Solar energy is having a moment. It’s an industry that has grown significantly over the last decade, with an average annual growth rate of 24 percent, according to recent research. This might be due in part to the fact that the cost to install solar has dropped by more than 40 percent over the last 10 years. The renewable energy source is popping up all over the place in real estate, from traditional rooftop arrays to new technology like solar windows and setups that combine both solar and wind energy. Solar is even being applied to the transportation industry, whether it’s solar cars being unveiled in Australia or solar-powered trains, planes, and even roadways. The emerging uses are coming at a time when a lot of pressure is being put on property owners to shift to using renewable energy instead of fossil fuels. But for property owners who are unable to put solar panels on their property, the growing community solar market offers an attractive option.
Community solar offers communities the chance to reap the benefits of solar energy without having to install solar on their own properties. In a community solar model, a solar facility or farm is built, and homeowners, businesses, and even renters can subscribe to the energy source and receive credit on their electric bills for their share of the power produced. The community solar model has been around for at least a decade, but the market has grown substantially over the last five years. “There’s been an expansion of these types of programs and mechanisms across the country,” said Aaron Halimi, the founder and president of Renewable Properties, a company that develops these kinds of solar facilities in several markets around the U.S.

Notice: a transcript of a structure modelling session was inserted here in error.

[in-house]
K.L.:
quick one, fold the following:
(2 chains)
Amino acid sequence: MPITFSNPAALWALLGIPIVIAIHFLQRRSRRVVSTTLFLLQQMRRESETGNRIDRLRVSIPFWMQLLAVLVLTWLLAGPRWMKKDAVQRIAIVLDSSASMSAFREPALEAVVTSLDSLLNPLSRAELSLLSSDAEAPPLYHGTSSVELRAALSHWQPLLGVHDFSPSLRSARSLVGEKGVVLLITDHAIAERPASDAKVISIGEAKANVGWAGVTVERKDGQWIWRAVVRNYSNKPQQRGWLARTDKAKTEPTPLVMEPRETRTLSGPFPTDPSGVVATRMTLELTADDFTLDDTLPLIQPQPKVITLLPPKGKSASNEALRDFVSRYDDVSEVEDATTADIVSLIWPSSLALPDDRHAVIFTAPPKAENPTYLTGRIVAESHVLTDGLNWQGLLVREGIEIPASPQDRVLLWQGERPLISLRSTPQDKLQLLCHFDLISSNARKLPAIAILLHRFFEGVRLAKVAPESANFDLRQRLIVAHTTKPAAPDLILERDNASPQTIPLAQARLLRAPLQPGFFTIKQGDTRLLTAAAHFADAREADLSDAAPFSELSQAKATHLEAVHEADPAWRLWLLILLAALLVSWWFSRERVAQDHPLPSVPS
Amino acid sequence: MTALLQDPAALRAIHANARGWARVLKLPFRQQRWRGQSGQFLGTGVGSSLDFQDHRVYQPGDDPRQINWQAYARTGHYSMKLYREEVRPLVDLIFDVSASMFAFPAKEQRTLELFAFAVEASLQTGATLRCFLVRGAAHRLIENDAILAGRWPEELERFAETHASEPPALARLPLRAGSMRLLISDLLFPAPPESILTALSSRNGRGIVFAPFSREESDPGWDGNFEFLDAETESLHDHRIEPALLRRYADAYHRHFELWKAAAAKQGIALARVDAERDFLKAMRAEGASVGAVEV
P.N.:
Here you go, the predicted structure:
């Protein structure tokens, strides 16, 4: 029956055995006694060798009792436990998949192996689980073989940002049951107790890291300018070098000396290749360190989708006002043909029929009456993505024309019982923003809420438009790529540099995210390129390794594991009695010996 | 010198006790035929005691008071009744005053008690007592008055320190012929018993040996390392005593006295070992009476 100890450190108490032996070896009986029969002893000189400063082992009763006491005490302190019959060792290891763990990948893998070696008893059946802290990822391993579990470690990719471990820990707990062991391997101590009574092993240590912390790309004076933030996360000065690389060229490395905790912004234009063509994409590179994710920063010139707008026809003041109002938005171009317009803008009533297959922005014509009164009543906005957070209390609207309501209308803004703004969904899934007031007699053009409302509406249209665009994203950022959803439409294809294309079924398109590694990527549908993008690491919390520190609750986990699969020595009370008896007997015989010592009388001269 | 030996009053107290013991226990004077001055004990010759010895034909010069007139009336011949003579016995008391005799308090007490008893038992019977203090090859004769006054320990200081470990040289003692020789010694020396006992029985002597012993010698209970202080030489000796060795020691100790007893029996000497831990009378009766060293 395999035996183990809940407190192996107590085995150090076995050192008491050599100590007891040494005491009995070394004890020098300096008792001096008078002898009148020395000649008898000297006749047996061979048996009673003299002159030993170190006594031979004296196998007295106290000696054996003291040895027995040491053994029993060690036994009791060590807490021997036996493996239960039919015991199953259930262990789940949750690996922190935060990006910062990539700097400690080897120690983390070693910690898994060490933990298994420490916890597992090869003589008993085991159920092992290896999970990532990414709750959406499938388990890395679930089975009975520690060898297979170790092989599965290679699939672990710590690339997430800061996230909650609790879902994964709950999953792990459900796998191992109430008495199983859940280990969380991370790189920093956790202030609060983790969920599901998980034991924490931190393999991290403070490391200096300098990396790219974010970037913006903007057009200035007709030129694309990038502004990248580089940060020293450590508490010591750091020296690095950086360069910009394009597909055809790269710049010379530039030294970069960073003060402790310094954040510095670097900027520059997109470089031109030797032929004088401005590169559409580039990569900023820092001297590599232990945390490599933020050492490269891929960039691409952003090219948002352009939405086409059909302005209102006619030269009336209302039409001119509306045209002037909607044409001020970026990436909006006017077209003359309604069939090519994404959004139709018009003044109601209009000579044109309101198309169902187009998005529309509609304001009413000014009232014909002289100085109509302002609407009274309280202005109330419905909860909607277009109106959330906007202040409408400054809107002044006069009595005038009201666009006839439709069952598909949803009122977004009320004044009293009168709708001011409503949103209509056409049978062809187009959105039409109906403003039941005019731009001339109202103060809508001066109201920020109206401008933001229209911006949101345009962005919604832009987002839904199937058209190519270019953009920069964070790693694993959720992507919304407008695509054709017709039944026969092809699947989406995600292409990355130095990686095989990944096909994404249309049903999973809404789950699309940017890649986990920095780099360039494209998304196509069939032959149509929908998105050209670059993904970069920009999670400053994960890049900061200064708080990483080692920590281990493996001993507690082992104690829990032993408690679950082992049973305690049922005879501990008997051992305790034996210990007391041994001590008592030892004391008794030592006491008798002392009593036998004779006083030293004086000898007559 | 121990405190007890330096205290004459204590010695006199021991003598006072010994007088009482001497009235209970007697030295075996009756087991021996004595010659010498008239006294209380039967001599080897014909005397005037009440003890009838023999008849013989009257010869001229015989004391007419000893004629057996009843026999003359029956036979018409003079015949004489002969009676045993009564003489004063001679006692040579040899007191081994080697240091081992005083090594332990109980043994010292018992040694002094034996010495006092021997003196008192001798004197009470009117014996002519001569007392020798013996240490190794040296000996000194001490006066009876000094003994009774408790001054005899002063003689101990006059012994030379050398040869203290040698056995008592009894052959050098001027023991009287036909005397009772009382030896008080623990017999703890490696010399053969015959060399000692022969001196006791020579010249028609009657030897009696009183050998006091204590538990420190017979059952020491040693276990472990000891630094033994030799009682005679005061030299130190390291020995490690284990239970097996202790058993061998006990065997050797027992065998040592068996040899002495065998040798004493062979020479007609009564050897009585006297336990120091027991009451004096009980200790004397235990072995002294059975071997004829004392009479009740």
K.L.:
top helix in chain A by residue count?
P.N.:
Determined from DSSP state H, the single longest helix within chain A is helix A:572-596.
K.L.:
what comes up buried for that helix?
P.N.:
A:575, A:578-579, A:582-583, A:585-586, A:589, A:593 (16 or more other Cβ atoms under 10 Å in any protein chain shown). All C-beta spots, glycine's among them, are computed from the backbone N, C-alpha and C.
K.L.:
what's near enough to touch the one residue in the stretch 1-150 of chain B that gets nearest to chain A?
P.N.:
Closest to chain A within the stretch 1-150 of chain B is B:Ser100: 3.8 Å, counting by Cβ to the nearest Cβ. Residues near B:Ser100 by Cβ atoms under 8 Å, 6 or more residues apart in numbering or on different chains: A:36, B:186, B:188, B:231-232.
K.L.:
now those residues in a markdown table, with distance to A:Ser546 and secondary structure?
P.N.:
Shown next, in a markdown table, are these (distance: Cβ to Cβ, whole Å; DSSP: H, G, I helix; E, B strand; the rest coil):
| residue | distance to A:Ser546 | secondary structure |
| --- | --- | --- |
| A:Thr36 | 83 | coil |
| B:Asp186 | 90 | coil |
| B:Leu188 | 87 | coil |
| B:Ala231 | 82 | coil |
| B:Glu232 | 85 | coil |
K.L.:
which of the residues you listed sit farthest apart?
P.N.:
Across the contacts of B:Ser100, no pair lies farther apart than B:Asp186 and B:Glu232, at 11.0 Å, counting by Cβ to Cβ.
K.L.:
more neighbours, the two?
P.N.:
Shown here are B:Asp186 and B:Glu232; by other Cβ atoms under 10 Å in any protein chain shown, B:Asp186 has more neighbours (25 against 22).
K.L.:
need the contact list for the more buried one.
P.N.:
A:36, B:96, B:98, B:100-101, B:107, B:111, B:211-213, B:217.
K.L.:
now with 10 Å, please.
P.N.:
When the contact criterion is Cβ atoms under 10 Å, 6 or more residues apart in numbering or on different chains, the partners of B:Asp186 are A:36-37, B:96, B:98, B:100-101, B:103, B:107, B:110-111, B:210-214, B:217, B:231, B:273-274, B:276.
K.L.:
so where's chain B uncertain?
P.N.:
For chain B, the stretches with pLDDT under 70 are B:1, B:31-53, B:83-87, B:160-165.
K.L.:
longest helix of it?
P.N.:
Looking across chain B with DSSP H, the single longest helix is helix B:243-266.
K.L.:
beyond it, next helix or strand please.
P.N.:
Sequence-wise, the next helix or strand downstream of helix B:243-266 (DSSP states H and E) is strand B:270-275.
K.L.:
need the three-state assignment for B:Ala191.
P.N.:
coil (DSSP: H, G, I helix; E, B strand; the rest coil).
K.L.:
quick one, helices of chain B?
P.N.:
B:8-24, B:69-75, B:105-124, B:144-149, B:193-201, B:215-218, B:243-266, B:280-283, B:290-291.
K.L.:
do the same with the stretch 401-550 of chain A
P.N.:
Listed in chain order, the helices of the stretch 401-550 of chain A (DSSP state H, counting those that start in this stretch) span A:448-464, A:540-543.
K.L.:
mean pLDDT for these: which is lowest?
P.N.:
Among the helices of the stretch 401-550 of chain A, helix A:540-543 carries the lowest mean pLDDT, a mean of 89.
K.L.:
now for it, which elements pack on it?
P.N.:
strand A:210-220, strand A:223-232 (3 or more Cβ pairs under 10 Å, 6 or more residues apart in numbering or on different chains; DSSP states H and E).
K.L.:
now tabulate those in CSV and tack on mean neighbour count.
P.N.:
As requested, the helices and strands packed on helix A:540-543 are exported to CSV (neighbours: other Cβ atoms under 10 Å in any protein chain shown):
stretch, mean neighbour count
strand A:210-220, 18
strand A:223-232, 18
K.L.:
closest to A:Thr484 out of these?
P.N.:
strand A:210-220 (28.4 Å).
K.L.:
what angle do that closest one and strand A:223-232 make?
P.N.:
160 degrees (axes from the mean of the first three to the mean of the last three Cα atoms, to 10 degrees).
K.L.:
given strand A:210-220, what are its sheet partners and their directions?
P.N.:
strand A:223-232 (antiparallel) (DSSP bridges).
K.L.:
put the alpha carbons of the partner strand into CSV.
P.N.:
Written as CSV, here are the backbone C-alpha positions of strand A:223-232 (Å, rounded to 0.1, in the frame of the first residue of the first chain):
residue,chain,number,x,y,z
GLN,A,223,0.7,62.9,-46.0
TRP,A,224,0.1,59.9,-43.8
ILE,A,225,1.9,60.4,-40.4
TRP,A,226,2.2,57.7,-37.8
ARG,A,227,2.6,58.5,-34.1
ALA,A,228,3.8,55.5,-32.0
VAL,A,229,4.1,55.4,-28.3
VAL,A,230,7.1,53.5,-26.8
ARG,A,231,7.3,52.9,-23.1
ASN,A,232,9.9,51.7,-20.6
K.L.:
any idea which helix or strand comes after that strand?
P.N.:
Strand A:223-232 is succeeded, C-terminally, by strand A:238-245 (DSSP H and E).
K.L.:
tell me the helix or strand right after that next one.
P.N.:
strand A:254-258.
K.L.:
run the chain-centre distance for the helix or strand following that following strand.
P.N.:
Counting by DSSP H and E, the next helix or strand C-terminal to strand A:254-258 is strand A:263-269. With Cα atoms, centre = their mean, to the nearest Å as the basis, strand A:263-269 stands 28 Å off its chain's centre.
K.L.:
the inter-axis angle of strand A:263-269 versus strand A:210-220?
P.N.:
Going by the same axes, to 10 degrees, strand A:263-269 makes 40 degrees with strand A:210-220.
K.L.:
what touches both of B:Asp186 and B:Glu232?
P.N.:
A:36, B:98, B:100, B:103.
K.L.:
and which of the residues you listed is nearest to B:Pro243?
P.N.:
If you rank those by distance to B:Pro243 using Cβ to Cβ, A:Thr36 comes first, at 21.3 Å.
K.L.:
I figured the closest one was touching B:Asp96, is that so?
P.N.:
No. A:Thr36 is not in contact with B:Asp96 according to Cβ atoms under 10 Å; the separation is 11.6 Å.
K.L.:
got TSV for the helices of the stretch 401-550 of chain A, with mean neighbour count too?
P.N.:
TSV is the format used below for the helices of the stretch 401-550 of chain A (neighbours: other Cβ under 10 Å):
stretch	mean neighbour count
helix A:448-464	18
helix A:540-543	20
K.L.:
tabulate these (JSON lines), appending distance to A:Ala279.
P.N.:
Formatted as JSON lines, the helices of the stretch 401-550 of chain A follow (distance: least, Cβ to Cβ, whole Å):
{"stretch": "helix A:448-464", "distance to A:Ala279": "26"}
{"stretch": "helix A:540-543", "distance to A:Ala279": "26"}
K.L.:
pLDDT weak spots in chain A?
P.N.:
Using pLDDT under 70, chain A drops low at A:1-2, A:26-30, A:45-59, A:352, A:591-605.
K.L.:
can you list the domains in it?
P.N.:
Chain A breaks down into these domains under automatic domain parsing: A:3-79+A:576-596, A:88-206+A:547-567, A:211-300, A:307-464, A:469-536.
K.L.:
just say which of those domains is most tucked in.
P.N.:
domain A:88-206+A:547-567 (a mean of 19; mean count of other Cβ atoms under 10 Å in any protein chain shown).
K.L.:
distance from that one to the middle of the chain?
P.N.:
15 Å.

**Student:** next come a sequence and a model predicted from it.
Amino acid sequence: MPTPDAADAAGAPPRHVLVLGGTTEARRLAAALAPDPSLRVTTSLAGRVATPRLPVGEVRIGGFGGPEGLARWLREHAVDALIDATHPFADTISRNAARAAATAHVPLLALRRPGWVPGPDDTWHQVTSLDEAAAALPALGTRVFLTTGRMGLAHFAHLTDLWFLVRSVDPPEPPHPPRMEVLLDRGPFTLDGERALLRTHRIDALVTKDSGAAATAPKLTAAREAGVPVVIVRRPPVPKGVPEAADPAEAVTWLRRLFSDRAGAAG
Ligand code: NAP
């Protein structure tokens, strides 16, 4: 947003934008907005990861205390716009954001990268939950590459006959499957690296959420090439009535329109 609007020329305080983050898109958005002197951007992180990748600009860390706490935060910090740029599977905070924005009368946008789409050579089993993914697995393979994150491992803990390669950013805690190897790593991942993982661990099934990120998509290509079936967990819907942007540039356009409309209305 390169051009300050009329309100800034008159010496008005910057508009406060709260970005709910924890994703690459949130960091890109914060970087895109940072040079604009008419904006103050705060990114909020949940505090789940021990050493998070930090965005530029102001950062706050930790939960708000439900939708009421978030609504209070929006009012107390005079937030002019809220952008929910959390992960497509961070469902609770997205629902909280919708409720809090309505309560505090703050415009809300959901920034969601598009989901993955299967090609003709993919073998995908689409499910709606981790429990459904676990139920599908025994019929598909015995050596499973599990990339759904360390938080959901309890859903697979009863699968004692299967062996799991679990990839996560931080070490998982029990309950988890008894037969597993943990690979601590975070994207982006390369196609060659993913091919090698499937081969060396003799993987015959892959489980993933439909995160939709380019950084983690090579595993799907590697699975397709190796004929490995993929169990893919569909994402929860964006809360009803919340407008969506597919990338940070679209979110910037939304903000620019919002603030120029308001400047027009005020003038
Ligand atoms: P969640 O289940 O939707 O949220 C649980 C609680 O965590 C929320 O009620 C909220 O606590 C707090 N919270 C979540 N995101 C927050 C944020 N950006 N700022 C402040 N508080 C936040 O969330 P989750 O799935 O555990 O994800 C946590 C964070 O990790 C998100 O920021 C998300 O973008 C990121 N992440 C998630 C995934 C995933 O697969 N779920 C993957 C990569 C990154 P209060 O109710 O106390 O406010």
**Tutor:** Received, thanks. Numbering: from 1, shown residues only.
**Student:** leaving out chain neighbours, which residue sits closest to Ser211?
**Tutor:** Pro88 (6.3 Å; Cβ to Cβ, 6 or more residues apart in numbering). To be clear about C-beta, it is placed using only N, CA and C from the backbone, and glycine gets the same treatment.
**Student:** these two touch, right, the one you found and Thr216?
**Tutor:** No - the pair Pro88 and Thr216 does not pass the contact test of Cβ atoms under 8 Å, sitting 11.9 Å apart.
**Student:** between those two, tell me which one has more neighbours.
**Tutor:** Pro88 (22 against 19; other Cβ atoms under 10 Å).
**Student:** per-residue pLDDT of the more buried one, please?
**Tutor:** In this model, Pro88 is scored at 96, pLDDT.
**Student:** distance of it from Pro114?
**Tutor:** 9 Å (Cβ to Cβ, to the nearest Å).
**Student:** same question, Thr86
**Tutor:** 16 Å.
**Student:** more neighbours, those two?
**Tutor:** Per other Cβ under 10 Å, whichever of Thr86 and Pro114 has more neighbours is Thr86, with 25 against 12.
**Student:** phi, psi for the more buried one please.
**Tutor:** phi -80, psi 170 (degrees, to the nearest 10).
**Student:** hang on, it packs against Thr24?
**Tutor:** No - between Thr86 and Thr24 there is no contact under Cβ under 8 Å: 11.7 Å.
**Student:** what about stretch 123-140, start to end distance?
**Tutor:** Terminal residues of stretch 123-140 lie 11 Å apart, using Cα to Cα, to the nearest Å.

There are now 23 states that have community solar programs where homeowners and building owners can participate. The leading states for these programs are New York, Massachusetts, Illinois, and Minnesota, places where programs are robust or have been around for a while. Other states are just starting to get programs off the ground, including New Mexico, Ohio, and Pennsylvania. Halimi’s firm, which is based in San Francisco, counts New York, California, Maine, Massachusetts, and Minnesota as its biggest markets. “It’s one of the fastest growing segments within solar right now, and there’s a lot of room to run,” Halimi said. Community solar is one of the many solutions states and localities are looking at in order to meet climate change goals. Aside from being a renewable energy source, it’s a technology that has other upsides as well. Unlike other energy sources, community solar is done at the distribution level and has fewer interconnection challenges faced by other sources. “It’s a way to get a lot more renewables onto the grid in a fast fashion,” Halimi said.